It’s because of the seriousness of these concerns that we can’t really compare our current situation to prior presidents whose behavior has been criminal to one degree or another. I’d add to this that Trump’s behavior is erratic in a way we haven’t seen in our modern history outside of the last days of Nixon’s administration. It’s highly unusual that so many of his cabinet members and top advisors have referred to him as an idiot or a moron or questioned his mental health. Whatever else you might have said about Nixon or Clinton, they performed their basic duties competently and didn’t make glaring and costly mistakes on a routine basis that caused rifts with our allies and misunderstandings with our adversaries.

There’s an urgency to removing Trump from office that is independent of his alleged crimes.

Tribe and Katz look at this question from the perspective of a congressperson who will campaign with certain messages and then have to make certain decisions if elected or reelected to office in November. That’s an appropriate way to analyze this question, and they’re right when they say this:

If you are a member of the House and want to start thinking about whether there are grounds for impeachment where do you begin? 

You should start by seeking answers to a few key questions: why did the Framers create an impeachment power; how has it been used and abused; what are the risks of action and inaction; and what decisions must I make throughout an impeachment process. Once you have a grip on the power you’re exercising, you need to learn the facts — not as presented on cable TV or in op-ed columns, but as identified by a respected, thorough and impartial investigator. That might mean trusting a special counsel or the House Judiciary Committee, or it might require the creation of a special bipartisan House committee. At all stages of this process, you must do your best to act with principled impartiality and seriousness of purpose. That doesn’t mean ignoring your constituents, your political party or your own political vision. But it does require a greater measure of caution and high-minded statesmanship than you bring to the rest of your work. You must constantly ask yourself: “Would I be approaching this the same way if I had the opposite view of this president’s political ideology and party affiliation?” And in the end, you must decide if the president truly poses a continuing threat to the Republic.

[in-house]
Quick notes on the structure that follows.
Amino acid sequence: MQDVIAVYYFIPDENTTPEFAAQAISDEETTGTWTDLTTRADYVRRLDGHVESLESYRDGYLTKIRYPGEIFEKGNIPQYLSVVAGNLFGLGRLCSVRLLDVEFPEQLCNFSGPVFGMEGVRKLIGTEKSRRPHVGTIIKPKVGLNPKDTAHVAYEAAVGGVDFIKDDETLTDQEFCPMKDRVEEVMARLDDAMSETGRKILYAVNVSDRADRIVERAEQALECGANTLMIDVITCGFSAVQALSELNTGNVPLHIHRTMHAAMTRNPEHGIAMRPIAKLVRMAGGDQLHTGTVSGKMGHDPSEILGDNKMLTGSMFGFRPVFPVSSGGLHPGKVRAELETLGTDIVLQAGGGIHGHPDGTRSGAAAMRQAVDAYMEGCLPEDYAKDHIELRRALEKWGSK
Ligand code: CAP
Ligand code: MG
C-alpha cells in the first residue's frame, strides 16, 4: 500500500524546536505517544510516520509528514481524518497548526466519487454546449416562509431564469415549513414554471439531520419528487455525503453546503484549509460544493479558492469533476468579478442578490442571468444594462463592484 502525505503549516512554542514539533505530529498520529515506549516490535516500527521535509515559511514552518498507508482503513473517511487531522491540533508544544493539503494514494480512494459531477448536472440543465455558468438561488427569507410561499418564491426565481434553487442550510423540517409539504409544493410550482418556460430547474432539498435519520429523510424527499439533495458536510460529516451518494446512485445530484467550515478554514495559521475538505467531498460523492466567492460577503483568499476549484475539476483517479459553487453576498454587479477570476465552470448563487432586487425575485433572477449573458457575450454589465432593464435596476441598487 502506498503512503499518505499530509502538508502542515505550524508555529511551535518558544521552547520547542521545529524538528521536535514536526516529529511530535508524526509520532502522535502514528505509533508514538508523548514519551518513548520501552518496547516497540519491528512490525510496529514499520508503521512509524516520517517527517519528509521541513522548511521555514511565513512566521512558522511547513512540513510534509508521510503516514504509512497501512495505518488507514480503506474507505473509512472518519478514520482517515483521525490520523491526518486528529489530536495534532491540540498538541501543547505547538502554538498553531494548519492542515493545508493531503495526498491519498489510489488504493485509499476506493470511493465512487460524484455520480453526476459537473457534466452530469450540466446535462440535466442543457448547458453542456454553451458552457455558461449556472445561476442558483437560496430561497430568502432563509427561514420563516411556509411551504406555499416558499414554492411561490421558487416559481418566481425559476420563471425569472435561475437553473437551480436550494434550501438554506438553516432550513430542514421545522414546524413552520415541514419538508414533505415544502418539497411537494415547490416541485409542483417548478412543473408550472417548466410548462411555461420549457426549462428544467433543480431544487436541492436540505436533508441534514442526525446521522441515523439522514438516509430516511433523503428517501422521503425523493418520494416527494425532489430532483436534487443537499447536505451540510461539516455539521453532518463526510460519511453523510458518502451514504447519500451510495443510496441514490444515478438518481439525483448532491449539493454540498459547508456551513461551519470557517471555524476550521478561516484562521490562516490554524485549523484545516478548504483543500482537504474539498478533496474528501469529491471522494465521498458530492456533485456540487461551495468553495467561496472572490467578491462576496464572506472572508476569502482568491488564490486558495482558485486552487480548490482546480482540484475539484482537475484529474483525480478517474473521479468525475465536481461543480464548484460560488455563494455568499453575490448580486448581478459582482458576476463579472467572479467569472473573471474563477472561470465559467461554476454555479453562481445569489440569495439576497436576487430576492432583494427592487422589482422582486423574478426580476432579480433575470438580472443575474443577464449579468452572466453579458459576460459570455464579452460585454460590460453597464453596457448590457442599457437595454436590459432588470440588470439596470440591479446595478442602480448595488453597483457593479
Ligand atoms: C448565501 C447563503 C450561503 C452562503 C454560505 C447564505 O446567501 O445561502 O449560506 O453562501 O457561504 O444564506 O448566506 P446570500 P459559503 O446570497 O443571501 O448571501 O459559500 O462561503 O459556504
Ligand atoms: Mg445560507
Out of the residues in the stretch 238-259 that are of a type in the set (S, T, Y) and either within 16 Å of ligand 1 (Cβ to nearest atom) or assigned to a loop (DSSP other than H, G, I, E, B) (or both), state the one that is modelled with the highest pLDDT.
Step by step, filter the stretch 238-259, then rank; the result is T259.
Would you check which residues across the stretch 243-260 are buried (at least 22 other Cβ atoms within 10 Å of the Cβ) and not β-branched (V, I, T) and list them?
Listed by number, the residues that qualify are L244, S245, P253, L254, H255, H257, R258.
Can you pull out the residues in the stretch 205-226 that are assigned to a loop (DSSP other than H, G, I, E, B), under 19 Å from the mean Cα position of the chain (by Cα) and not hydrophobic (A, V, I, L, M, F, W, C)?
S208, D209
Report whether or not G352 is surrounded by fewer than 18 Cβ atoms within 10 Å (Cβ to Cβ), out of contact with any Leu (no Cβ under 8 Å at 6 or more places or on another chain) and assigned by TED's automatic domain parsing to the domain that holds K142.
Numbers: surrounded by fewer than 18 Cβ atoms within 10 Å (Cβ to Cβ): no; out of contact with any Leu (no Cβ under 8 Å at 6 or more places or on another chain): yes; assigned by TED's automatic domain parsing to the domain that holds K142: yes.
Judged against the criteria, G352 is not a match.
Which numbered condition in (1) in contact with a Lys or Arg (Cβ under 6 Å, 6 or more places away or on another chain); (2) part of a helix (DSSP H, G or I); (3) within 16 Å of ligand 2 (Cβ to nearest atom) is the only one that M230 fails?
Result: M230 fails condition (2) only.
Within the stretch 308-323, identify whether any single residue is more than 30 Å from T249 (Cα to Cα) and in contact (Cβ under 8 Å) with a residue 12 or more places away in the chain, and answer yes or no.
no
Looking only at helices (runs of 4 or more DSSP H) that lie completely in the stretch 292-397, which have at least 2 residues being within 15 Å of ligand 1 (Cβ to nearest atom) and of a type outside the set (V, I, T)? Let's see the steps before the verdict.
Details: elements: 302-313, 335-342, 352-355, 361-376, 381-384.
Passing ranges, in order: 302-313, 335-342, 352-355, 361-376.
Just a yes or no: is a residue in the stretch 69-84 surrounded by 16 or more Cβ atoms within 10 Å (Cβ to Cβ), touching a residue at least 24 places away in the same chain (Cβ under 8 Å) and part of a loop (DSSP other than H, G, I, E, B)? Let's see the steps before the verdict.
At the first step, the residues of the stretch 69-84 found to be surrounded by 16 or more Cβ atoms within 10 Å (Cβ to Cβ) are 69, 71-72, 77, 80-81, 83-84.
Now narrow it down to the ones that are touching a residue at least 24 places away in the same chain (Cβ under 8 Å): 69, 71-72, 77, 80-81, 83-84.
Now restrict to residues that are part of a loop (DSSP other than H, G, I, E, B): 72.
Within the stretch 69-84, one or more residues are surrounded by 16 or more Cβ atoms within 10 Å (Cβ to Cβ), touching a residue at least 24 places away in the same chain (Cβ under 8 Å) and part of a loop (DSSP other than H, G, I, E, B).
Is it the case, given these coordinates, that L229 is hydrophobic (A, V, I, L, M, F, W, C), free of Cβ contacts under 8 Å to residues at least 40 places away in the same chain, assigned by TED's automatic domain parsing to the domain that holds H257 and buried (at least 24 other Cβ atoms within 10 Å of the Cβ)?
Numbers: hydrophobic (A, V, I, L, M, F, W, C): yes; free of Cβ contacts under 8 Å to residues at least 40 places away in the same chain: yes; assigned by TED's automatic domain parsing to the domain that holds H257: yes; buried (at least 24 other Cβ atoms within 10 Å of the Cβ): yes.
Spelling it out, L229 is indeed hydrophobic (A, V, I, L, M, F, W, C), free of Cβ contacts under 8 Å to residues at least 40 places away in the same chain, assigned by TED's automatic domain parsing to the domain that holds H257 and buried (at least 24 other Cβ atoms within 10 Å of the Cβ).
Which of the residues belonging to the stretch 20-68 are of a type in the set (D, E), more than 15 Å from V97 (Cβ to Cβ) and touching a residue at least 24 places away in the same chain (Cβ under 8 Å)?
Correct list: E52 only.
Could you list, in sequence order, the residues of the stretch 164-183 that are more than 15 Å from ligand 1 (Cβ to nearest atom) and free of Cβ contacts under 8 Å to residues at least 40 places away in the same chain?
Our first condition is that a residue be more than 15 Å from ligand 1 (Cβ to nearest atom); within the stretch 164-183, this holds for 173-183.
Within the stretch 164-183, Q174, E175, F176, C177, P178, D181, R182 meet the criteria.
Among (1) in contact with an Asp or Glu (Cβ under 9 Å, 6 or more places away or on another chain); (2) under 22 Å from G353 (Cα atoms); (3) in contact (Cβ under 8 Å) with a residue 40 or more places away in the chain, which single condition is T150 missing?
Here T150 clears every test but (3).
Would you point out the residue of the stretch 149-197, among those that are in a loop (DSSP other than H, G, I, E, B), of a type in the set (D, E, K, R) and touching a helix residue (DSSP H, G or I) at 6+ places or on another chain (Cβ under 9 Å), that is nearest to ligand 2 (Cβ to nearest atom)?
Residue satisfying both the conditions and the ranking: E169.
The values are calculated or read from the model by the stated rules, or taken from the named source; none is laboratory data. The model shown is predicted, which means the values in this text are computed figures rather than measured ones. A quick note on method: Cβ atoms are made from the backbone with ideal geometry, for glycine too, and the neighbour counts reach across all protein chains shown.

For my part, the president most definitely poses a continuing threat to the Republic but that doesn’t mean necessarily that he has provided Congress with the grounds to remove him from office. To be more precise, the case has been made for me but it has to be made in a compelling enough fashion to make a conviction at least a possibility. Part of high-minded statesmanship and seriousness of purpose is being honest with yourself about where the remedies presently stand.

A Democratic Congress’s first priority should be to correct the president’s behavior where it has the constitutional authority and responsibility to do so. Its second priority should be to receive Mueller’s evidence (assuming it hasn’t already been delivered by then), and to work over the information in a systematic way. If that means calling more witnesses and compelling more documents, then that’s the prudent course. At some point, there will be choice to make. Will the House draft articles of impeachment and pass them? When they’re making that decision, their prospects for a conviction should weigh heavily, but if the case is compelling that the president has been compromised, I don’t see how they can fail to move ahead.

If the case is that compelling, the way the Republicans are treating this investigation now will no longer be operative. We shouldn’t prejudge how they’d act in those circumstances. I can envision a future where the case is indisputable and the GOP refuses to budge. But I can also envision a future where justice is done because the facts really leave no other choice.

Martin Longman

Martin Longman is the web editor for the Washington Monthly and the main blogger at Booman Tribune.